Attack ad funder revealed as Senate race erupts over NRA

S. Donald Sussman, a connected donor, paid for anti-Van Hollen attack ad.

A well-connected hedge fund manager is behind a new Senate ad attacking Rep. Chris Van Hollen, according to disclosure reports filed Thursday — the latest development in a widening controversy in the high-profile race.

S. Donald Sussman, a Maine resident and political contributor, gave $600,000 to a super PAC in April that paid for the ad, the filings show. A group associated with Emily's List, a Washington-based organization that backs Democratic women, also contributed.

The revelation came on a day when a number of Democrats — including Senate Minority Leader Harry Reid and House Democratic Leader Nancy Pelosi — joined the White House in decrying the ad.

Van Hollen and Rep. Donna F. Edwards are running in a competitive race for the seat that will be left open next year by retiring Sen. Barbara A. Mikulski. The race has been testy for months, but the tenor has grown more intense and has only recently spilled onto television screens.

"Congresswoman Edwards and the super PAC supporting her are engaging in politics at its very worst," Reid, who endorsed Van Hollen early in the race, said in a statement.

Van Hollen's record of supporting gun control is well-documented. The issue raised by Edwards and the Sussman-backed super PAC — called Working for US — centers on a campaign finance reform effort in 2010 led by Van Hollen. To build support for the bill, House leaders included an exemption of its reporting requirements for the National Rifle Association and other groups.

Edwards has argued they caved to the gun lobby.

Van Hollen has pointed to his record on the issue and has noted that the vast majority of House Democrats, including many liberals and members of the Congressional Black Caucus, supported the bill.

The message in the super PAC's ad was consistent with one Edwards has been making for months, with one exception: It included an image of President Barack Obama recalling the deaths in the 2012 massacre at Sandy Hook Elementary School. The ad suggests Obama opposed Van Hollen's bill. In fact, the White House backed it.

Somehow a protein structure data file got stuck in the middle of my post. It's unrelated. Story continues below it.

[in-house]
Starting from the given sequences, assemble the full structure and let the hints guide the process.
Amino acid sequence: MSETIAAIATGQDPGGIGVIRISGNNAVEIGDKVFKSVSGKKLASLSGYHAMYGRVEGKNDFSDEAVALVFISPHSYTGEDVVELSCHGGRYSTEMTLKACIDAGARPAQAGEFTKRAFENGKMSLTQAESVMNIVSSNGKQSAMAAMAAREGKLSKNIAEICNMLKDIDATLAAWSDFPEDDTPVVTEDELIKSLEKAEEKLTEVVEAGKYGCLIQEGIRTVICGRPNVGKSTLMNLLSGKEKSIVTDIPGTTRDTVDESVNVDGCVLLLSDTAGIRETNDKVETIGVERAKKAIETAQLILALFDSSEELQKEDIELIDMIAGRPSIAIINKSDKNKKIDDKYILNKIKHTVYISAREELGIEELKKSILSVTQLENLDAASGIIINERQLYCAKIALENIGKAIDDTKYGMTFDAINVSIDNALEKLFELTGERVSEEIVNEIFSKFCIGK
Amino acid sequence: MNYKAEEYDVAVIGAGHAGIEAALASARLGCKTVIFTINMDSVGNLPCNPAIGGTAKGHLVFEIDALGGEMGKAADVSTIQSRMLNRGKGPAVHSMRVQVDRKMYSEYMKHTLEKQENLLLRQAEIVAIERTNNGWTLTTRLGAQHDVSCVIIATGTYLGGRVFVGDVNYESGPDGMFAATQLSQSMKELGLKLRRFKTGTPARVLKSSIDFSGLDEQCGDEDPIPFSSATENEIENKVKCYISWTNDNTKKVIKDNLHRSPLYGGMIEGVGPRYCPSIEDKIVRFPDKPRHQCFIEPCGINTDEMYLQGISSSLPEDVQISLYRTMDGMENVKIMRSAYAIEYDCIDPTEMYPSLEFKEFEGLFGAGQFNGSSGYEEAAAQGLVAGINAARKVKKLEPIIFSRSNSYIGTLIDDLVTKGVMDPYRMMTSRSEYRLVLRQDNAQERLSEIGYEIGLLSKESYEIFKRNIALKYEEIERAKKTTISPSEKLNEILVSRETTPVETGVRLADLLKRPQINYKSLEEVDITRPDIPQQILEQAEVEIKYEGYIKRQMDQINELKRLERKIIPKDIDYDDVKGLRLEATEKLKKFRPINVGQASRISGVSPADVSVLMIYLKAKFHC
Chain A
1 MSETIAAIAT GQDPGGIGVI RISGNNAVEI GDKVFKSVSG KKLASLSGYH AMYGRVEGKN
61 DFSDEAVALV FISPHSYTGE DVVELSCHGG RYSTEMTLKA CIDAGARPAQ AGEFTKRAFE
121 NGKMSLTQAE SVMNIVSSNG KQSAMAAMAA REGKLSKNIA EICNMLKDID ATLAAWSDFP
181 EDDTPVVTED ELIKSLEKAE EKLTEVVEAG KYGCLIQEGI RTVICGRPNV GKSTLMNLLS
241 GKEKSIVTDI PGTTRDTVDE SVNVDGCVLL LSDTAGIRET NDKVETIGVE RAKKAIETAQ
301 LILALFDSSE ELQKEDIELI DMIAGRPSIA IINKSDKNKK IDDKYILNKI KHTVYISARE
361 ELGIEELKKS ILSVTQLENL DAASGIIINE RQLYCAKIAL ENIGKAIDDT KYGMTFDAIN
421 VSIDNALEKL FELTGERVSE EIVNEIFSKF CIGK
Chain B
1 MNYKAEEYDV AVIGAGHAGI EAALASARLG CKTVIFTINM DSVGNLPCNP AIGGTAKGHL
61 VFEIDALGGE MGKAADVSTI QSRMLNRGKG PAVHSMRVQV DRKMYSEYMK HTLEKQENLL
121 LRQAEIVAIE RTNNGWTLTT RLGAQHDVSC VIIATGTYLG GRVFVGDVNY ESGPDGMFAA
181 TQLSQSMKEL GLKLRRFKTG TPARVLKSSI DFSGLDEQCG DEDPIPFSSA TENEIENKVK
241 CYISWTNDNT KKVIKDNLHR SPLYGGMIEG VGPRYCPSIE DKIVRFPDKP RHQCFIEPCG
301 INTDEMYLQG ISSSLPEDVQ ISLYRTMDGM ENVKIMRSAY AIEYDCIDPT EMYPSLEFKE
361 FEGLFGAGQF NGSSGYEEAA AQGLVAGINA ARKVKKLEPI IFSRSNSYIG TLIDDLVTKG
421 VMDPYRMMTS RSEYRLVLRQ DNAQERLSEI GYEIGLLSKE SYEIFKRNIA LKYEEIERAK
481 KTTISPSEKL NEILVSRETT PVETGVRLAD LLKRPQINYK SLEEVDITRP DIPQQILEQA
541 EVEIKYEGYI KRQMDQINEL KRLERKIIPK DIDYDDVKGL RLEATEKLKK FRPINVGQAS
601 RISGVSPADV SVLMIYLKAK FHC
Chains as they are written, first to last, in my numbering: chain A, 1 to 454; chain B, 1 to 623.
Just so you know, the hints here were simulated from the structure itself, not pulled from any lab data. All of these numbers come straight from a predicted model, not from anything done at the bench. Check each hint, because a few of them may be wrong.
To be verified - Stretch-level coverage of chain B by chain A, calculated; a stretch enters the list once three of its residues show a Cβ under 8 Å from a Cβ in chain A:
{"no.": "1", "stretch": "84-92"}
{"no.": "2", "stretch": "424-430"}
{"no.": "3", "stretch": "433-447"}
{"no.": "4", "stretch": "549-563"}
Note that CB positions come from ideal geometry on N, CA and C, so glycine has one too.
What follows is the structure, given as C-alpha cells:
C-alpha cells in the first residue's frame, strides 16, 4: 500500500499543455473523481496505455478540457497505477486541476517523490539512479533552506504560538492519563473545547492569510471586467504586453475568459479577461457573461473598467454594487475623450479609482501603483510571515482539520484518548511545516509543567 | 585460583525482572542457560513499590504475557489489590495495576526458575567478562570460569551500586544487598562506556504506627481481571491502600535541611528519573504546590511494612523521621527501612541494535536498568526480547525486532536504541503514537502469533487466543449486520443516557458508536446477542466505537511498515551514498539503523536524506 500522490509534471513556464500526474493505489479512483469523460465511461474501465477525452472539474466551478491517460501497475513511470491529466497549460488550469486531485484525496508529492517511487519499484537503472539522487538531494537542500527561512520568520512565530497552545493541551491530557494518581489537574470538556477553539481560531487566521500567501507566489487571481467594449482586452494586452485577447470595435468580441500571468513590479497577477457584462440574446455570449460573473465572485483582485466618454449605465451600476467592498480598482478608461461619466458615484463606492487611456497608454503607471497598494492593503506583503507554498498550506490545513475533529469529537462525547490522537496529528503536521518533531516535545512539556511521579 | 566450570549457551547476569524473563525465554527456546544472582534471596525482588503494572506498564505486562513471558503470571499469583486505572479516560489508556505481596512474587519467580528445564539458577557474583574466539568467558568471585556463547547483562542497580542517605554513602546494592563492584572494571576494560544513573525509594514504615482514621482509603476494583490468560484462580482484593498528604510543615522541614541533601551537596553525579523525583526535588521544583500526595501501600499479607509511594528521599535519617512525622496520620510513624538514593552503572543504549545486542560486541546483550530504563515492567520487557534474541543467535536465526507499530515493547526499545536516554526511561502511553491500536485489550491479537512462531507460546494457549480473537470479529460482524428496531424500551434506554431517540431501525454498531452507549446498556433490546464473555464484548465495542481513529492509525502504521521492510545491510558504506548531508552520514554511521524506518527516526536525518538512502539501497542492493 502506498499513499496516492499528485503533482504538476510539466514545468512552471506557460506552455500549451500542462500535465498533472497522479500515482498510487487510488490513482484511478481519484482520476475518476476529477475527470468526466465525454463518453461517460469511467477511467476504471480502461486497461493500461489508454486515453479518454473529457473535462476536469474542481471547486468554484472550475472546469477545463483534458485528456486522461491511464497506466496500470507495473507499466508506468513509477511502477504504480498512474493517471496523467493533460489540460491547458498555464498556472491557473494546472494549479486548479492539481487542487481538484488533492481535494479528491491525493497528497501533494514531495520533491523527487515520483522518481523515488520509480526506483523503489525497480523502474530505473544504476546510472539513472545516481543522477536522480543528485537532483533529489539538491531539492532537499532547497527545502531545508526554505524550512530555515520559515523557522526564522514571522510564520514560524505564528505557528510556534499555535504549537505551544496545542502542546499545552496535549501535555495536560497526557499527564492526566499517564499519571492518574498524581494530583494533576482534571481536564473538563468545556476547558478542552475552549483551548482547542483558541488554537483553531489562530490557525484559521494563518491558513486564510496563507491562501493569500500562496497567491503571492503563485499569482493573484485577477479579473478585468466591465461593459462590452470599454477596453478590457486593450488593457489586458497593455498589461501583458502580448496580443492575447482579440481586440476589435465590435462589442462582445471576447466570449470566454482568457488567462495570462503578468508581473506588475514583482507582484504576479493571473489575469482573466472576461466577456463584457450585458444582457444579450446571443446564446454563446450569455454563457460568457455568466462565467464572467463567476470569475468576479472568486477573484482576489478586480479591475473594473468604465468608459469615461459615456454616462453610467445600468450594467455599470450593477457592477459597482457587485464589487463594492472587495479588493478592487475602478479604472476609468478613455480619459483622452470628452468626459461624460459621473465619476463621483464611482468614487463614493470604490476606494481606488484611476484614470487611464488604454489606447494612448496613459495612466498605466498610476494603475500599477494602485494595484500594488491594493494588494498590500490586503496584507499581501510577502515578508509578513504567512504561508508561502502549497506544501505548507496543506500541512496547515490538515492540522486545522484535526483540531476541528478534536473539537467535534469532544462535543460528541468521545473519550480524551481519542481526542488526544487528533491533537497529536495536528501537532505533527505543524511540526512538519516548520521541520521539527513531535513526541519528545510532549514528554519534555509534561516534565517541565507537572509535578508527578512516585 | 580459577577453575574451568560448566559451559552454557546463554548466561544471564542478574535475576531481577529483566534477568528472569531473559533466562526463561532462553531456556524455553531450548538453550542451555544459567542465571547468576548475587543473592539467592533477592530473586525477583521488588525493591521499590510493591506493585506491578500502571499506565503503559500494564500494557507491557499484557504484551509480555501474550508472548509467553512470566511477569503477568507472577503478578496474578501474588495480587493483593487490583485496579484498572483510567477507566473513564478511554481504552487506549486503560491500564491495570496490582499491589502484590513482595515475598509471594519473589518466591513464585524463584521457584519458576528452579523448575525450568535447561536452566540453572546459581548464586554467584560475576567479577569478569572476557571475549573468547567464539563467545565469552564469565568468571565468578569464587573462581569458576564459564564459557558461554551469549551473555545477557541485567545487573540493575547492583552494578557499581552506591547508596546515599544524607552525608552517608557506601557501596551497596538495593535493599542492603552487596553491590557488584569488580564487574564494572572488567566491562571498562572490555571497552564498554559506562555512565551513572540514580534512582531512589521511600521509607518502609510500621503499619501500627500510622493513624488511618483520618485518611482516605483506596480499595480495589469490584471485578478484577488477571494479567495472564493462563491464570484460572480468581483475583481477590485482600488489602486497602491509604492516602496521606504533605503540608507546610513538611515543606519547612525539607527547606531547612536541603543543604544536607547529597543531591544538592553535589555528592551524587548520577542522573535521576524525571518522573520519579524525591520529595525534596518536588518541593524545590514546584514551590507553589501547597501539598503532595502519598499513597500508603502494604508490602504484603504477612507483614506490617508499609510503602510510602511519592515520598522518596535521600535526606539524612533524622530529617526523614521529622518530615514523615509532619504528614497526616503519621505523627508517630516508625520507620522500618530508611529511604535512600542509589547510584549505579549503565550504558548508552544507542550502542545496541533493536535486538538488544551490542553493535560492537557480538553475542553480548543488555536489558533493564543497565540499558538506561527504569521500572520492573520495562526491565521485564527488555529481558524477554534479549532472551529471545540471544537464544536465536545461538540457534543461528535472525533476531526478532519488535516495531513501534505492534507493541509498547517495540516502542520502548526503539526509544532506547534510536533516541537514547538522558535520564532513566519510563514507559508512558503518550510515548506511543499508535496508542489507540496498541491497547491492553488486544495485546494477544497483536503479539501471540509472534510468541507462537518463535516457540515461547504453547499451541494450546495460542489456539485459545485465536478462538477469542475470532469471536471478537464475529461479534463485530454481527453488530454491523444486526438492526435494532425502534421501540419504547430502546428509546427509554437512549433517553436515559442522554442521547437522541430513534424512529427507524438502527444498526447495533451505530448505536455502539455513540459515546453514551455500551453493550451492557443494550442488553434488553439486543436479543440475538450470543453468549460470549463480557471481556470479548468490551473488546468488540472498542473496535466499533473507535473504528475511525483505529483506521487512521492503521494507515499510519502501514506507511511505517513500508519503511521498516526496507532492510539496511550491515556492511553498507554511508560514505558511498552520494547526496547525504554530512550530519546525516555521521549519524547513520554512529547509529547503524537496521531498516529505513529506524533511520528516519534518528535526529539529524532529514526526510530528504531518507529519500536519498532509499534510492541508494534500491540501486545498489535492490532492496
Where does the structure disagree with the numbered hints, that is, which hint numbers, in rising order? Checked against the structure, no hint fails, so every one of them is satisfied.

A White House official called on Working for US to take down the ad this week. Instead, the group agreed to remove Obama from the ad.

Sussman is a major donor to Women Vote! — a group tied to Emily's List, which has been airing more benign ads in Maryland on behalf of Edwards for months. Women Vote! also contributed $500,000 to Working for US in mid-March, though the new filings show most of that money was spent on get-out-the-vote activities in Maryland.

Van Hollen's campaign found irony in the fact that the ad was paid for a hedge fund manager. The Edwards campaign has said for months that Van Hollen is too cozy with Wall Street.

"Chris Van Hollen has been leading the fight to close the loophole that lets hedge fund managers pay less in taxes than working people," Van Hollen spokeswoman Bridgett Frey said. "That she claims to take on Wall Street is clearly the height of hypocrisy."

Sussman could not be reached for comment. A spokesman for Working for US said the group will continue to air the ad.

"The feedback has been fantastic, because they know Donna Edwards isn't a typical D.C. insider who compromises her values and cuts watered-down deals," the spokesman, Joshua Henne, said in a statement.

Van Hollen began airing a new advertisement, responding to the original attack and noting the White House involvement. The narrator of Van Hollen's ad suggests the Obama administration pushed back on Edwards. In fact, the administration's statement was limited to the super PAC.

Super PACs are required to operate without coordination from the campaign.

"I am disappointed that my opponent is now using the president's image in his own ad … with misleading language that attacks my character, about a mistake that was not made by my campaign," Edwards said in a statement.

john.fritze@baltsun.com

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